Opinion | Just wear the mask — even you, Trump

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Shruti Talekar | Staff Illustrator

By Julia Kreutzer, Senior Staff Columnist

Trump announced last week that the CDC and the White House COVID-19 Task Force have begun to urge Americans to wear non-medical cloth face coverings when in public — although he doesn’t seem to be heeding his own advice.

At a news conference on Friday, April 3, Trump said, “I’m feeling good. I just don’t want to be doing — somehow sitting in the Oval Office behind that beautiful resolute desk, the great resolute desk, I think wearing a face mask as I greet presidents, prime ministers, dictators, kings, queens, I don’t know, somehow I don’t see it for myself. I just don’t. Maybe I’ll change my mind.”

Whether we’re greeting dictators, kings and queens or simply making a trip to Trader Joe’s, we should be following all of the CDC guidelines. Staying 6 or more feet apart, only leaving your home when necessary and wearing a mask are not enjoyable practices, but they are a lot more enjoyable than getting yourself or someone you love sick.

While we should have been practicing social distancing for several weeks by now, the CDC’s recommendation to implement the use of face masks as well is a change in tune. Until Friday, the CDC stated that only individuals showing symptoms need to use masks

Since homemade masks are not as effective as N95 and other medical masks, they feared mass panic would prompt the public to hoard these items that are already in dangerously short supply in hospitals and other health care centers. U.S. Surgeon Gen. Dr. Jerome Adams had gone as far as to instruct the general public against wearing masks altogether.

 “Seriously people- STOP BUYING MASKS!” Adams tweeted. “They are NOT effective in preventing general public from catching #Coronavirus, but if healthcare providers can’t get them to care for sick patients, it puts them and our communities at risk!” 

Now Adams and the rest of the task force have backtracked. During the press conference, he conceded that the recommendations had been “confusing to the American people” but their understanding had evolved, prompting a change in guidelines. Our actions must evolve with them.

Because we now understand that as many as 25% of cases are asymptomatic but still highly transmissible, it is irresponsible to suggest that only those with symptoms wear masks to stop the spread. So please, leave the N95 masks for the workers on the frontlines, but keep yourself and everyone around you safer by making and wearing a homemade cloth mask — like this one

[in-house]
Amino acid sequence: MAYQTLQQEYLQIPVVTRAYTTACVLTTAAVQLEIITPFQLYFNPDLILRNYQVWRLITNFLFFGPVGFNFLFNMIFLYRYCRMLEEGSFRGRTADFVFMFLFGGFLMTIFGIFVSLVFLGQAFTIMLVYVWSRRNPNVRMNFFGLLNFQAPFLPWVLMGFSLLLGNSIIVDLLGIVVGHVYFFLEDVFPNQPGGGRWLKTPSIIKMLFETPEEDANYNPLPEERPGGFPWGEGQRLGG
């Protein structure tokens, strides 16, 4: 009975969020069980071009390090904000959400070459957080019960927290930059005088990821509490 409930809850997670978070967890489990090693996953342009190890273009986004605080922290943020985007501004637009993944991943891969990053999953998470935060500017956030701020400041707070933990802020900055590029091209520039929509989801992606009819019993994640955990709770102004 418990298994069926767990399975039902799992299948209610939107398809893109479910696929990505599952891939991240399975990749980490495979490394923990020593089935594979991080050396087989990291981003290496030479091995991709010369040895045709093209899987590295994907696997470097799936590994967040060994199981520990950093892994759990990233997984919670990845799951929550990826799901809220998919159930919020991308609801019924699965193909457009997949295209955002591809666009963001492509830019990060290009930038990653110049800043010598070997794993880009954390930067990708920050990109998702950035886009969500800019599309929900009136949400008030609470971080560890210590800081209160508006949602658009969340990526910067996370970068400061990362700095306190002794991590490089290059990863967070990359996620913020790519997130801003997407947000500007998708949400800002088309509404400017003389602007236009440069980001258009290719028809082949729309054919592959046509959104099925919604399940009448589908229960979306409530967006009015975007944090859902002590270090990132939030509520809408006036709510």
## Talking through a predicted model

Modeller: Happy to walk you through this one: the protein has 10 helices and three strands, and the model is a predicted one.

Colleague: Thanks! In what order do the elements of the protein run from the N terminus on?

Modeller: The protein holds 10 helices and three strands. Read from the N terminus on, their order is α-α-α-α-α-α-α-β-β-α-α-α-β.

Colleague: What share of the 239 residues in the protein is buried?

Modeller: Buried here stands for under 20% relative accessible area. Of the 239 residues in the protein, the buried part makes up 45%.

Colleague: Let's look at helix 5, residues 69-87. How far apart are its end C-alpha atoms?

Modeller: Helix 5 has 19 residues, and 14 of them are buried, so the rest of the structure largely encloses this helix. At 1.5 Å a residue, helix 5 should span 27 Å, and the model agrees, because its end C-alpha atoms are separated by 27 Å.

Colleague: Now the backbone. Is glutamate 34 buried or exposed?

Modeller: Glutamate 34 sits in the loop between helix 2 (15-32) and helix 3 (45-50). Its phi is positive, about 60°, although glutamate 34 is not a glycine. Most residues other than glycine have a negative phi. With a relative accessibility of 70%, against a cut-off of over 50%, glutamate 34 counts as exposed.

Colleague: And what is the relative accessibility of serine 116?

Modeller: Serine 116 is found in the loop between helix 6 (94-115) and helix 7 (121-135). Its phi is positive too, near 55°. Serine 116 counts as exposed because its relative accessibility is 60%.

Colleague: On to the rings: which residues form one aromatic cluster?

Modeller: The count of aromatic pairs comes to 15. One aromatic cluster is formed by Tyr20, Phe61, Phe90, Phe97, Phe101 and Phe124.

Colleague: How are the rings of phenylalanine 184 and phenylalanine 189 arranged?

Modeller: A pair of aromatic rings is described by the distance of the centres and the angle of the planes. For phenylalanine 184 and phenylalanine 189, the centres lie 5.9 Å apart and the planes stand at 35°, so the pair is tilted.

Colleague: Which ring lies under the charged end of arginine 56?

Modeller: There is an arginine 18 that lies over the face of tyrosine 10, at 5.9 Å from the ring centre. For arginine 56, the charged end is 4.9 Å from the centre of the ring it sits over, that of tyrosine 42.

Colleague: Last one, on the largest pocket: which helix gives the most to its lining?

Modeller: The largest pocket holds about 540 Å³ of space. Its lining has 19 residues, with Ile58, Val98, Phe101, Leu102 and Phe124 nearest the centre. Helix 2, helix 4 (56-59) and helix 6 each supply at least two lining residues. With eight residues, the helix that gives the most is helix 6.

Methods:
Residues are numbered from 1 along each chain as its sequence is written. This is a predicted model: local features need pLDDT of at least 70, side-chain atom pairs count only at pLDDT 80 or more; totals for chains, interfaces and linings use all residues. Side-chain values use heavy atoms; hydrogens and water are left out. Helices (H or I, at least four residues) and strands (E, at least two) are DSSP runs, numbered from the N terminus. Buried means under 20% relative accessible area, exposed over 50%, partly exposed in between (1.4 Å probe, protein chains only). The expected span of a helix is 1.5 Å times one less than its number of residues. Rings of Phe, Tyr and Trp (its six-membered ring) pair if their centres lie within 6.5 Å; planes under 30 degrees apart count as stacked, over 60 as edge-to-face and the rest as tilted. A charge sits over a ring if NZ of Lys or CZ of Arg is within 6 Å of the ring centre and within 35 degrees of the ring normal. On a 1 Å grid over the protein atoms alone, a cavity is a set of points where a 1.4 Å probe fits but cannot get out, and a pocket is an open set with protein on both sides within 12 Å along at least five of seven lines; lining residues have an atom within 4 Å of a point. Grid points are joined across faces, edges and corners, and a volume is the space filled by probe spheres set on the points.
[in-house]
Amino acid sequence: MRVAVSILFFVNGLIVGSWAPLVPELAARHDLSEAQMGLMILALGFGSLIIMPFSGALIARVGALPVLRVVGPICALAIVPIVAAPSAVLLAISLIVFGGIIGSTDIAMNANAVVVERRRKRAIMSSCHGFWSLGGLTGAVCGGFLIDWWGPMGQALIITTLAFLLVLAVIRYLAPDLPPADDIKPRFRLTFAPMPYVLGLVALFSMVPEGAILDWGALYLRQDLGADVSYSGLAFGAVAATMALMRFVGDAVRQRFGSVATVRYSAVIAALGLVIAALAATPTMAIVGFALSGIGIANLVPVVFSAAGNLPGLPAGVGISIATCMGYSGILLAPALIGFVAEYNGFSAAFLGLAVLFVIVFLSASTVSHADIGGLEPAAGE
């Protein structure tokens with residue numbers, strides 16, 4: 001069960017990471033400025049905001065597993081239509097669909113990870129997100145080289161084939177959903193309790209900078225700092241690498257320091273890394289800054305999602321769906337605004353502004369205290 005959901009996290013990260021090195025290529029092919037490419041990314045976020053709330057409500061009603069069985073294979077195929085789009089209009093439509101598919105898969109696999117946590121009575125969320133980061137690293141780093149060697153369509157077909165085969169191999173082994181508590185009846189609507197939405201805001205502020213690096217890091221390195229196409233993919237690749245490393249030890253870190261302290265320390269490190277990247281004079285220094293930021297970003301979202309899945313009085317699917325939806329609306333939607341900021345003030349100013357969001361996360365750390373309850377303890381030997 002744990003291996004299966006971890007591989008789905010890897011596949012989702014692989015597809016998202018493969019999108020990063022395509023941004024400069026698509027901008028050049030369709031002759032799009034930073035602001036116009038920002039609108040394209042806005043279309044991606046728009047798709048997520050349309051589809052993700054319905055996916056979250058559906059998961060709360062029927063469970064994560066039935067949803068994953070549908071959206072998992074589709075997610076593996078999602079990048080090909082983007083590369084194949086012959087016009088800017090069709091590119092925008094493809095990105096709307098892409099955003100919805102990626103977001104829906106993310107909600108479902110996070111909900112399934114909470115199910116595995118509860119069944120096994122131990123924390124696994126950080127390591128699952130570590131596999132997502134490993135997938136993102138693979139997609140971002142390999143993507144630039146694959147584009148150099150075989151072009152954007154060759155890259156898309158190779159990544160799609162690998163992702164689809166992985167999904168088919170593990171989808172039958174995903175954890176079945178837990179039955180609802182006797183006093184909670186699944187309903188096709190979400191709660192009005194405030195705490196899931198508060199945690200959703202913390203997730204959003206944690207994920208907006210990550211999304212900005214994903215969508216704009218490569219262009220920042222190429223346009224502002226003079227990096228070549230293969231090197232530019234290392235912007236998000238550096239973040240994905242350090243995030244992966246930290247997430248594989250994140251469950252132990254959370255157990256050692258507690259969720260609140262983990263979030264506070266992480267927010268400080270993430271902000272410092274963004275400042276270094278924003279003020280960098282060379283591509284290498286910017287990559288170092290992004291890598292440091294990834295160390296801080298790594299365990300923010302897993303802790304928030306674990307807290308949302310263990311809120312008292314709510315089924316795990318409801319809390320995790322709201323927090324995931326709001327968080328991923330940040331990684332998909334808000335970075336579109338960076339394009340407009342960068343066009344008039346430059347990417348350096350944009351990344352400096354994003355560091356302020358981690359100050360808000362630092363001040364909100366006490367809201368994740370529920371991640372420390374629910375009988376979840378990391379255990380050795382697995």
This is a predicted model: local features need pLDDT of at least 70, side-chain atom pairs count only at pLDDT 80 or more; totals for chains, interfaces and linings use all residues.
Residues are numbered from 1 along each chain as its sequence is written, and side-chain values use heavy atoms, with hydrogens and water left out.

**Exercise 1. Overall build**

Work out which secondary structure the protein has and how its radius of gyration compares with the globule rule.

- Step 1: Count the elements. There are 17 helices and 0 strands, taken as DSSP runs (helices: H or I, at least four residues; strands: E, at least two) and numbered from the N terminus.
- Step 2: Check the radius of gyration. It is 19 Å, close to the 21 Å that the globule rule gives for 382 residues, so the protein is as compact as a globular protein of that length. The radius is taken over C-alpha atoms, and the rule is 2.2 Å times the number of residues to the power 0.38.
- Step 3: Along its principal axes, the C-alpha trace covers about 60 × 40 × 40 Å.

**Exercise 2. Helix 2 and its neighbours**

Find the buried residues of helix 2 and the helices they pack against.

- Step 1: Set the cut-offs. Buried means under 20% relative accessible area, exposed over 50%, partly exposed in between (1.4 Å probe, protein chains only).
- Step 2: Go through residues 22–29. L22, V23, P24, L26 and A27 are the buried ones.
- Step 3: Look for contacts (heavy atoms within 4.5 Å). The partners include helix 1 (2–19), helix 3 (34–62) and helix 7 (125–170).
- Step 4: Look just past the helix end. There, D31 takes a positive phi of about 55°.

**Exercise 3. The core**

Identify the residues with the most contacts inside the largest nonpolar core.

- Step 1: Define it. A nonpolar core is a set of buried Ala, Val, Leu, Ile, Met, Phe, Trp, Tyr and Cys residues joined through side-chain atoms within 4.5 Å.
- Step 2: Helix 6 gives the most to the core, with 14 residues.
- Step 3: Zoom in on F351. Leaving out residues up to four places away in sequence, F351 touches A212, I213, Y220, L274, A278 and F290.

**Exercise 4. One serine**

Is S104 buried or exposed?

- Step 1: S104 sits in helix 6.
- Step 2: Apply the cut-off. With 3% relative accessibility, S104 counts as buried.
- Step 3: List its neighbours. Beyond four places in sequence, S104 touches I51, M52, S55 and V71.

It is becoming clearer that no one is invincible, meaning that not wearing a mask or following other regulations to stop the spread is not only dangerous to yourself but incredibly selfish.

But blatant selfishness is nothing new for the president. During the impeachment hearings on Jan. 24, House Impeachment Manager Rep. Adam B. Schiff, D-Calif., remarked that this is a pillar of his track record.

“You can’t trust this president will do what’s right for this country. He will do what’s right for Donald Trump,” Schiff said. “The American people deserve a president they can count on to put their interests first.”

If Trump’s response to the pandemic has shown us anything, it’s that Schiff is right. We can’t count on him to keep us safe, apparently if it comes at the cost of his appearance in particular. 

We don’t have to follow our president’s idiotic egocentrism, though. Luckily, it seems most Americans are not. 

Sure, in mid-March we had a swarm of spring breakers flooding beaches and bars who notoriously refused to let coronavirus “stop [them] from partying.” But in a March 29 poll from the Washington Post and ABC News, 93% of respondents reported they are “maintaining distance from other people,” 91% are “staying home as much as possible” and 88% have stopped going to bars and restaurants. 

The data suggests this is working. Cities like New York City, Los Angeles and Seattle, which were hit early and aggressively with the pandemic, have seen a fall in the average day-over-day case increases. While the impact of the pandemic will inevitably be devastating, it can result in significantly less deaths than if we adhere by guidelines.

A lot is being asked of us right now — well, actually, for many of us, it’s less of an “ask” and more of a mandate. While these guidelines are at best, unenjoyable and at worst, devastating, we all have to do our part. I don’t care if you spend this time creating a podcast, writing the next New York Times best seller or simply watching “Tiger King” on Netflix. Spend your time at home however you want to — just don’t leave it, especially without a mask. 

Wearing a mask while running essential errands may not be particularly glamorous and may even be outright uncomfortable, but it is now another critical element of our defense plan. It sucks, but most Americans are simply sucking it up. I hope the rest of us, including our commander in chief, follow suit. 

Write to Julia at [email protected]

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